Self-Employment Daily Food Allowance

Self-employment is a situation where in which an individual is working for himself rather than working for an employer against monthly salary or wage and although various agencies see and define self-employed person or self-employment in their own way, generally self-employed people includes sole traders, contractors, director of a limited company or those having partnership in the businesses and although the term ‘self-employed’ is often misunderstood as being a business owner, both are different situation, where in the former one, the person is working and involved in day-to-day operations of the company whereas in the later case, he is the person who owns the business but does not work and involved in the day-to-day company operations. As per 2016 statistics, there are approximately 14 million self-employed workers in the United Kingdom and UK law allows them to work as a sole trader or as a partner in a limited liability partnership, but not through an incorporated or unlimited liability company and thus there are various types of self-employment such as:

Can I Claim Self-Employment Daily Food Allowance in UK
  1. Independent contractors: Independent contractors are type of businesses or individuals who are hired to deliver specific jobs or services and get paid in accordance with the service they have delivered. Since the independent contractors are not counted as employees of the company they have delivered their services to, UK law refrains from both claiming and receiving employment benefits. Example of independent contractors includes advocates, doctors, lawyers, accountants etc.
  2. Sole-traders or proprietors: Sole proprietors are people who own and run unincorporated businesses and in case of partnerships, it involves at least two or more self-employed people and often hires a small number of employees in order to run day to day operations.
The reason why most of the young generation is taking self-employment route is because of its numerous advantages, such as:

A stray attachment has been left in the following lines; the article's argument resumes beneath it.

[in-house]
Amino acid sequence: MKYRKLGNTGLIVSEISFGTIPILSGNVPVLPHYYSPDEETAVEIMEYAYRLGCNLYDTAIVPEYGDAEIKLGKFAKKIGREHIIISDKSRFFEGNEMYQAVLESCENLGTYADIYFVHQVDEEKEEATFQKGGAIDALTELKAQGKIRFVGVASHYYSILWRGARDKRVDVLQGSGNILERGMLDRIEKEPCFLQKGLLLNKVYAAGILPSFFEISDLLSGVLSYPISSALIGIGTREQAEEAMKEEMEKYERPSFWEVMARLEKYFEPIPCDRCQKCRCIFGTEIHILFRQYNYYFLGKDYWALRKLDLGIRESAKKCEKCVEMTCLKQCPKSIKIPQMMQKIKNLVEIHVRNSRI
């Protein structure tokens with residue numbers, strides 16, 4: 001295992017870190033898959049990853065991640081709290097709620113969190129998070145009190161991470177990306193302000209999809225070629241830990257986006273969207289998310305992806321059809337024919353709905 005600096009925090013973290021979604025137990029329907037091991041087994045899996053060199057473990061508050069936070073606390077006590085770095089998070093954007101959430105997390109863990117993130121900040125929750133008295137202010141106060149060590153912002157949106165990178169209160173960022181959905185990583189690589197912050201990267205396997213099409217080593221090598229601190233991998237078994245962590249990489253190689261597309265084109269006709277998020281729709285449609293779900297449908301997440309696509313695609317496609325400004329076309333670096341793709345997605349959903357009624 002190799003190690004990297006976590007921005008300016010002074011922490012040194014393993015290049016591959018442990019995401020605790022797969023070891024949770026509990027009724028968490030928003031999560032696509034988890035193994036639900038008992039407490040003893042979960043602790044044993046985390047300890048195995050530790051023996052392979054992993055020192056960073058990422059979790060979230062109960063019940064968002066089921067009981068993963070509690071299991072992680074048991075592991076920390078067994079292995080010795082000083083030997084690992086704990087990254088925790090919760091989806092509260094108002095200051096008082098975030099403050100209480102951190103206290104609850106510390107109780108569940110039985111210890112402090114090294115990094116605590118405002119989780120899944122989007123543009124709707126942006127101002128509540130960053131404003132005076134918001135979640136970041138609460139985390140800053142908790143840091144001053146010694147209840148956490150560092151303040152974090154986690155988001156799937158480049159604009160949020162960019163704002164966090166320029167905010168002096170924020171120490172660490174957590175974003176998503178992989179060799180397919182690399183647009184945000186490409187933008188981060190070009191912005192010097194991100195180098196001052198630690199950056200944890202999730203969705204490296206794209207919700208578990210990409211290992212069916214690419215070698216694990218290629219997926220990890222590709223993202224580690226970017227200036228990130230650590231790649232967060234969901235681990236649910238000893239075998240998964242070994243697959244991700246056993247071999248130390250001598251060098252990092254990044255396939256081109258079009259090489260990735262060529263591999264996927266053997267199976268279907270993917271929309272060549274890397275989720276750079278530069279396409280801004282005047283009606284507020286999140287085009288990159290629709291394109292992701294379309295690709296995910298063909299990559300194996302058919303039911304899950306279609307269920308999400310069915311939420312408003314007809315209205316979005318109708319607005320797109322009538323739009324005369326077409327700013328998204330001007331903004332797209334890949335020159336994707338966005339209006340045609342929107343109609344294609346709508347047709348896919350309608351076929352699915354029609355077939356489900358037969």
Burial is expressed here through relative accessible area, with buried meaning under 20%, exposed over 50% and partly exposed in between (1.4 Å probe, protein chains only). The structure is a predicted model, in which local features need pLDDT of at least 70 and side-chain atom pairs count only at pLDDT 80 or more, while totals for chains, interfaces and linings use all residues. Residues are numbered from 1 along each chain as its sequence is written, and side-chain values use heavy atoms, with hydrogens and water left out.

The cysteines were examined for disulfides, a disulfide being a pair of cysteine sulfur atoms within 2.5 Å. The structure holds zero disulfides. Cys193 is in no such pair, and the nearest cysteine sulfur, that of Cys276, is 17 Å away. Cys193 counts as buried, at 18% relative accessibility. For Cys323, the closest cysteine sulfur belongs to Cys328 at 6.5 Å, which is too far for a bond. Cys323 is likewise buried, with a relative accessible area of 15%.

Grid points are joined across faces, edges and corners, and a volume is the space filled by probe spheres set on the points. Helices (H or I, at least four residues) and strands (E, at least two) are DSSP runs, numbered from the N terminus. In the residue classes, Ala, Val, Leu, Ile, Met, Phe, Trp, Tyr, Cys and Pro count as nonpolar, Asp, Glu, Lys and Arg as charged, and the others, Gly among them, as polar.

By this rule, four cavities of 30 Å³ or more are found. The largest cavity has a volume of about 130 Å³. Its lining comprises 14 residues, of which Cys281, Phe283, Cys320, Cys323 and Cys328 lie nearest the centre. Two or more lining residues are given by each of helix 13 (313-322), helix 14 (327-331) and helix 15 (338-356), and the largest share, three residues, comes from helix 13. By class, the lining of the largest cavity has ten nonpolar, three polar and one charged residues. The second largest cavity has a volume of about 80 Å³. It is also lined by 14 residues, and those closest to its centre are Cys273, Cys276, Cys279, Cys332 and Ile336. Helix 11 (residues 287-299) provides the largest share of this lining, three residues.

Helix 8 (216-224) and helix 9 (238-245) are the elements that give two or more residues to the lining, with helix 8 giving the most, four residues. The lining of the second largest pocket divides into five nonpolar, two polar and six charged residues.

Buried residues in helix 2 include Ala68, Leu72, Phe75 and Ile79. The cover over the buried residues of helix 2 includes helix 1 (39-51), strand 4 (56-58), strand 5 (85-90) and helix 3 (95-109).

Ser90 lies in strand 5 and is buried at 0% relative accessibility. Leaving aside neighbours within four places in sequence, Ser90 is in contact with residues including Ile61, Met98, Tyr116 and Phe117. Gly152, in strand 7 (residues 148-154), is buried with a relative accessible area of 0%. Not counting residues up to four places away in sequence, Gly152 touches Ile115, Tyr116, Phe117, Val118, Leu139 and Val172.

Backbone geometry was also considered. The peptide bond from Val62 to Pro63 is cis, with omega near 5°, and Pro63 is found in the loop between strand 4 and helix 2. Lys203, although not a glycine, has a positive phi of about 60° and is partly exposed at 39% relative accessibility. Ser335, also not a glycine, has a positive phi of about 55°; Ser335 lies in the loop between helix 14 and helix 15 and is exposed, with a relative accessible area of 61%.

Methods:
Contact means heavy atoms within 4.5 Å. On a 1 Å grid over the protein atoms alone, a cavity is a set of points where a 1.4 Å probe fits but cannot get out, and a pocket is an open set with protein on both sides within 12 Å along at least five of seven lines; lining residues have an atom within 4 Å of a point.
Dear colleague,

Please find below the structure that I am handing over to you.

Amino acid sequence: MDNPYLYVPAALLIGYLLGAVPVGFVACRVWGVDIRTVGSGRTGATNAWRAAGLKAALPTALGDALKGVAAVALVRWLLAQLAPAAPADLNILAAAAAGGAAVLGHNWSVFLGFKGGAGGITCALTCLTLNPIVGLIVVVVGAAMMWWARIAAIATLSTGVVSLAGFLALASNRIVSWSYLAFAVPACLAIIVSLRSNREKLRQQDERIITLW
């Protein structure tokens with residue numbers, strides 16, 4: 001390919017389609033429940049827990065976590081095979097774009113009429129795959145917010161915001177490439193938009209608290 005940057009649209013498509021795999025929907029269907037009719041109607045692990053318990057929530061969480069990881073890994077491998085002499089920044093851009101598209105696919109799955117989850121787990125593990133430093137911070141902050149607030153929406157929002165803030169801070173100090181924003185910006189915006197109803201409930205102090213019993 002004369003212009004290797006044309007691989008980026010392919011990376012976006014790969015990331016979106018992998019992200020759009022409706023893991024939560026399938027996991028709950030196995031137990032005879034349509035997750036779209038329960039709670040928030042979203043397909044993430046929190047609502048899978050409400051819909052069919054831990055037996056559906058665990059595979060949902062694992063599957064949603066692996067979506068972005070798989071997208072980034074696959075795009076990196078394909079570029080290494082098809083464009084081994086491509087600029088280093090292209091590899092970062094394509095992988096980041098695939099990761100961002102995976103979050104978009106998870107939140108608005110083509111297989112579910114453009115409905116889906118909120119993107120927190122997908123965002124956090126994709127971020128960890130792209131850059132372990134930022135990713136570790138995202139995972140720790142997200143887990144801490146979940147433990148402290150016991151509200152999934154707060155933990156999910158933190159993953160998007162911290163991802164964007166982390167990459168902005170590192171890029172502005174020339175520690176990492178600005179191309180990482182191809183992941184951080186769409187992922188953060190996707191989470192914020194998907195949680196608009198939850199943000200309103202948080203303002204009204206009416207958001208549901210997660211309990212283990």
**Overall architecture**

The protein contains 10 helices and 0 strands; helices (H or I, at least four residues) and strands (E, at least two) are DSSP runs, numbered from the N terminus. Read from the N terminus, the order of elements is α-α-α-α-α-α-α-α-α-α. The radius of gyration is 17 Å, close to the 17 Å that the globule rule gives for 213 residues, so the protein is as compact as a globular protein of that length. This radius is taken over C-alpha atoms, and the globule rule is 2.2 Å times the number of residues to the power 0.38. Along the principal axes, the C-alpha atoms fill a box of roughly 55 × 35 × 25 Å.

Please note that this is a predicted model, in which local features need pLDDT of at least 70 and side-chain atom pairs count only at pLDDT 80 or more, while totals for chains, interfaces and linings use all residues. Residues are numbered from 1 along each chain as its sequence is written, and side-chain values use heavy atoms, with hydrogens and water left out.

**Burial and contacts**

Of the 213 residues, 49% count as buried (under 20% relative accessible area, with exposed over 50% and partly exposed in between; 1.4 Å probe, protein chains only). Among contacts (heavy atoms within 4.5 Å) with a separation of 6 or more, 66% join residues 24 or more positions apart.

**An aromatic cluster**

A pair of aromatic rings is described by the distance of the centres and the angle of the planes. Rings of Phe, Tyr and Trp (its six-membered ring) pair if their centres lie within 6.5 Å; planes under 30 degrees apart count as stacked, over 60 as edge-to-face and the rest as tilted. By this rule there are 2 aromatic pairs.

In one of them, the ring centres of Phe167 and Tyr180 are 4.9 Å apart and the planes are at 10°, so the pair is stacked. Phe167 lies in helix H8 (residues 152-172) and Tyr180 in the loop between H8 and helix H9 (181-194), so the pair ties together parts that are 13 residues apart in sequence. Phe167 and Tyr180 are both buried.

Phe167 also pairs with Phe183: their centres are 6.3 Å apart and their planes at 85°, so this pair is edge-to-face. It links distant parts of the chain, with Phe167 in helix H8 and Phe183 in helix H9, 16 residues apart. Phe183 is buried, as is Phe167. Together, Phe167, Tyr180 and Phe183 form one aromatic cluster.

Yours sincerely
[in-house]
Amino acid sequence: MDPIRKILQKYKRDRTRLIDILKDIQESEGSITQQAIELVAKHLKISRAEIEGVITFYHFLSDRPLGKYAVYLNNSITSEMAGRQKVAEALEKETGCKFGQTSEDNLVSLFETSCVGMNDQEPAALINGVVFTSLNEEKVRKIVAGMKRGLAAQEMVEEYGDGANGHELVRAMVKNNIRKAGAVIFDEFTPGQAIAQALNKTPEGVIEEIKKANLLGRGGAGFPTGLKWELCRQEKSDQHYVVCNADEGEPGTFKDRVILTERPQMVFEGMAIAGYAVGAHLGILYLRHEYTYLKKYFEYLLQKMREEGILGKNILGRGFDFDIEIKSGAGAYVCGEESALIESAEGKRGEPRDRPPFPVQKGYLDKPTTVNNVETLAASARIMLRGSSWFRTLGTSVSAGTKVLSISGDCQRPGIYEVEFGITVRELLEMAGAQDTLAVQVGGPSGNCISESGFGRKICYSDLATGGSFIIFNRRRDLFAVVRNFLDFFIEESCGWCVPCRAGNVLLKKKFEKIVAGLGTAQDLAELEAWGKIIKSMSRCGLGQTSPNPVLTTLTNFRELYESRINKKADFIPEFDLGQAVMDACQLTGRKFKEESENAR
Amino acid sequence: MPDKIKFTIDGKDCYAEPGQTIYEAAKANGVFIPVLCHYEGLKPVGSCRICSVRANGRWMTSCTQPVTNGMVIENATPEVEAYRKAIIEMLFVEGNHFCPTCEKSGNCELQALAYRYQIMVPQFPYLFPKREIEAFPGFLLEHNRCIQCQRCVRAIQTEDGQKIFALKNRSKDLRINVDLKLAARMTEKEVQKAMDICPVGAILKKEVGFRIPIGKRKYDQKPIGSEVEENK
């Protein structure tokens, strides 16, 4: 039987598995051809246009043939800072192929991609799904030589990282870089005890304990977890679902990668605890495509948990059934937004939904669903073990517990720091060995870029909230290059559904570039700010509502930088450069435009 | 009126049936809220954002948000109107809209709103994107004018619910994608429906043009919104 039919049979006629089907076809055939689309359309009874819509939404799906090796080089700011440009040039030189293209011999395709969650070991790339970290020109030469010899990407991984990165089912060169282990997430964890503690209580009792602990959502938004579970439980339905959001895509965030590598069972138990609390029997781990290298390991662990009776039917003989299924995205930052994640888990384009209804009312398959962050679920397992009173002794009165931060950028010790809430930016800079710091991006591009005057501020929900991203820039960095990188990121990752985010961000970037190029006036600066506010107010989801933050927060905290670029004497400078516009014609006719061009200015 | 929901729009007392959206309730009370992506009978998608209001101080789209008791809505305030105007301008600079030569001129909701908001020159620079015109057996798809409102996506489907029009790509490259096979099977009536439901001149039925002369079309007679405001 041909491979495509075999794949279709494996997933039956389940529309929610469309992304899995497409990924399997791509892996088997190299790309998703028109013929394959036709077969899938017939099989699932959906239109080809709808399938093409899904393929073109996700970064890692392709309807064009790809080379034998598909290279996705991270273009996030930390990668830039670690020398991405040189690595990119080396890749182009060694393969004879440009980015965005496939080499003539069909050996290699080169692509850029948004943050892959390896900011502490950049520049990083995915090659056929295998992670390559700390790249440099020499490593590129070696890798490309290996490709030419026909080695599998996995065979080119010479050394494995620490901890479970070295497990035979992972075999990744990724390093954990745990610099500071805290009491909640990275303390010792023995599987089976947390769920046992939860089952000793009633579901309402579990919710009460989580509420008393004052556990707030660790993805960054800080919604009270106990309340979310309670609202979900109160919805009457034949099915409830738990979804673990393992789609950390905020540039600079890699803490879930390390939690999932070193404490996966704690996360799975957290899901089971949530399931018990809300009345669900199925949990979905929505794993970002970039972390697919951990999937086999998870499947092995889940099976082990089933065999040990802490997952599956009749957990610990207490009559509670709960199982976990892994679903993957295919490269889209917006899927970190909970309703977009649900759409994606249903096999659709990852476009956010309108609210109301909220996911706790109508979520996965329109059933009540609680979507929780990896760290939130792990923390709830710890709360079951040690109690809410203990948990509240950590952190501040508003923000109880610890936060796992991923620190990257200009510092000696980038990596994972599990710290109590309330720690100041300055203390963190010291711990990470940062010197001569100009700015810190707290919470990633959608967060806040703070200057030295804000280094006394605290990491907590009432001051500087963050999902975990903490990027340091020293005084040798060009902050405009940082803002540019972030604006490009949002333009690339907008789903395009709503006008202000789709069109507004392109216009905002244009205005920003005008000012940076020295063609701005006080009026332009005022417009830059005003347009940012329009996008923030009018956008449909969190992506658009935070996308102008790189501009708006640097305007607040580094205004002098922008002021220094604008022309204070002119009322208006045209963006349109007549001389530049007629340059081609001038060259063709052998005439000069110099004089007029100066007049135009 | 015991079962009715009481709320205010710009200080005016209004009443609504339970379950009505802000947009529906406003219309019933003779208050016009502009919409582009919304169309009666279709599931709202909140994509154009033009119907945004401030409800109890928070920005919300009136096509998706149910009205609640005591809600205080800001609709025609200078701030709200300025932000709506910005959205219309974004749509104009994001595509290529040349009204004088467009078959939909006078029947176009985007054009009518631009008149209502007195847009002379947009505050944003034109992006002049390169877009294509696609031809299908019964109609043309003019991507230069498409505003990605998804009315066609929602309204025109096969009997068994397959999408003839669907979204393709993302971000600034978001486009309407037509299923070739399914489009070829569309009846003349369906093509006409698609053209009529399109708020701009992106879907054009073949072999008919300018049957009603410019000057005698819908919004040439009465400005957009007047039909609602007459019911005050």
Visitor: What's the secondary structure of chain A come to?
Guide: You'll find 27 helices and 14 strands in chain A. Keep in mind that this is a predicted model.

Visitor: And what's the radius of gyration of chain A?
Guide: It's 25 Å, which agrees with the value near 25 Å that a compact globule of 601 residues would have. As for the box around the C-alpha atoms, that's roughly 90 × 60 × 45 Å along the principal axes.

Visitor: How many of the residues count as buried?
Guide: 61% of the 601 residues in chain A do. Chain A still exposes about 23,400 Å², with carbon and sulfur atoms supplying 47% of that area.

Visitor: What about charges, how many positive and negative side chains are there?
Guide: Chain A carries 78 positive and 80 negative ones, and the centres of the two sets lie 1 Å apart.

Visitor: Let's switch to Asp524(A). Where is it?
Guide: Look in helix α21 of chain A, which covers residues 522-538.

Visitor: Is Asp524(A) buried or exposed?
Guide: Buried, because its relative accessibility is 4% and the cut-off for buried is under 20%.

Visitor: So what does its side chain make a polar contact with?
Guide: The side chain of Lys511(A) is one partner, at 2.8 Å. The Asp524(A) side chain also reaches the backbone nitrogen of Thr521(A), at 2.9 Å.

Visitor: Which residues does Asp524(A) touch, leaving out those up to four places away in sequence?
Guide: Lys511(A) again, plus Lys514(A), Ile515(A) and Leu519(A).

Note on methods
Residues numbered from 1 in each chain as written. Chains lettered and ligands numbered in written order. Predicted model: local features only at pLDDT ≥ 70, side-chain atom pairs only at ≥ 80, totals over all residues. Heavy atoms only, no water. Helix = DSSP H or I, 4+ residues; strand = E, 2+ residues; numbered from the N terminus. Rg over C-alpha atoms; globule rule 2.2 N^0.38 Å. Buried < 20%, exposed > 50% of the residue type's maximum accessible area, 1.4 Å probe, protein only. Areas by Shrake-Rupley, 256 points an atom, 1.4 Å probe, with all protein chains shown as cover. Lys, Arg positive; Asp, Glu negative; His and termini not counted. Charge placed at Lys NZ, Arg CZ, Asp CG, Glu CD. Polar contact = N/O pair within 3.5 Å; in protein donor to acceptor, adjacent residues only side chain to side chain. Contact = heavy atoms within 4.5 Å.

• Own working hours: The first and foremost advantage which a self-employed is have over his traditional counterparts is freedom to choose your own working hours and you can decide when you want to work.
  • Work where you like: Being a self-employed gives you the freedom to work from your bedroom in your nightwear and even if your business demands for a location, you can choose to choose your own location.
  • Tax advantages: UK government in order to promote self-employment offers various tax advantages.
  • Control over your income: Being a self-employed person you yourself decide your remuneration and have direct control over profits and also acts a motivation to work harder in order to increase your income. Also it takes out the opportunity to crib of getting less paid.
  • Choose the people you work with: Self-employment gives you a wonderful opportunity to select the people you want to work with and thus saves you from getting stuck with frustrating co-workers.
  • Your passion is your work: And most importantly, you are working what you love.

Being self-employed means taking on risks and costs that you don’t have when you are working for someone else and it allows you to have certain allowable expenses for the self-employed such as:

  1. Accommodation: If you have rented out a space to conduct your business, UK government allows you to deduct the amount you pay for its rent. Along with the rent of the space, you can also deduct the cost of equipments you have hired, if any.
  2. Travel costs: Travel costs including hiring of vans or cabs including train, bus, and plane or taxi costs as a part of your travel costs and is an allowable expense. Travel costs for the self-employed are a bit different from those who are operating through a limited company.
  3. Health insurance premiums: You can deduct your health insurance premiums as a part of allowable expenses and can be claimed.
  4. Publications and Subscriptions: If you have subscribed for specialized magazines, journals and books directly related to your business, and then the cost related to it is deductible. For example, as a restaurant owner, if you have subscribed for a daily newspaper then it is not sufficient enough to be considered a business expense, however, if you have subscribed to “Nation’s Restaurant News” in order to understand and give a boost to your business, then you can claim its cost and it comes as a deductible and allowable cost.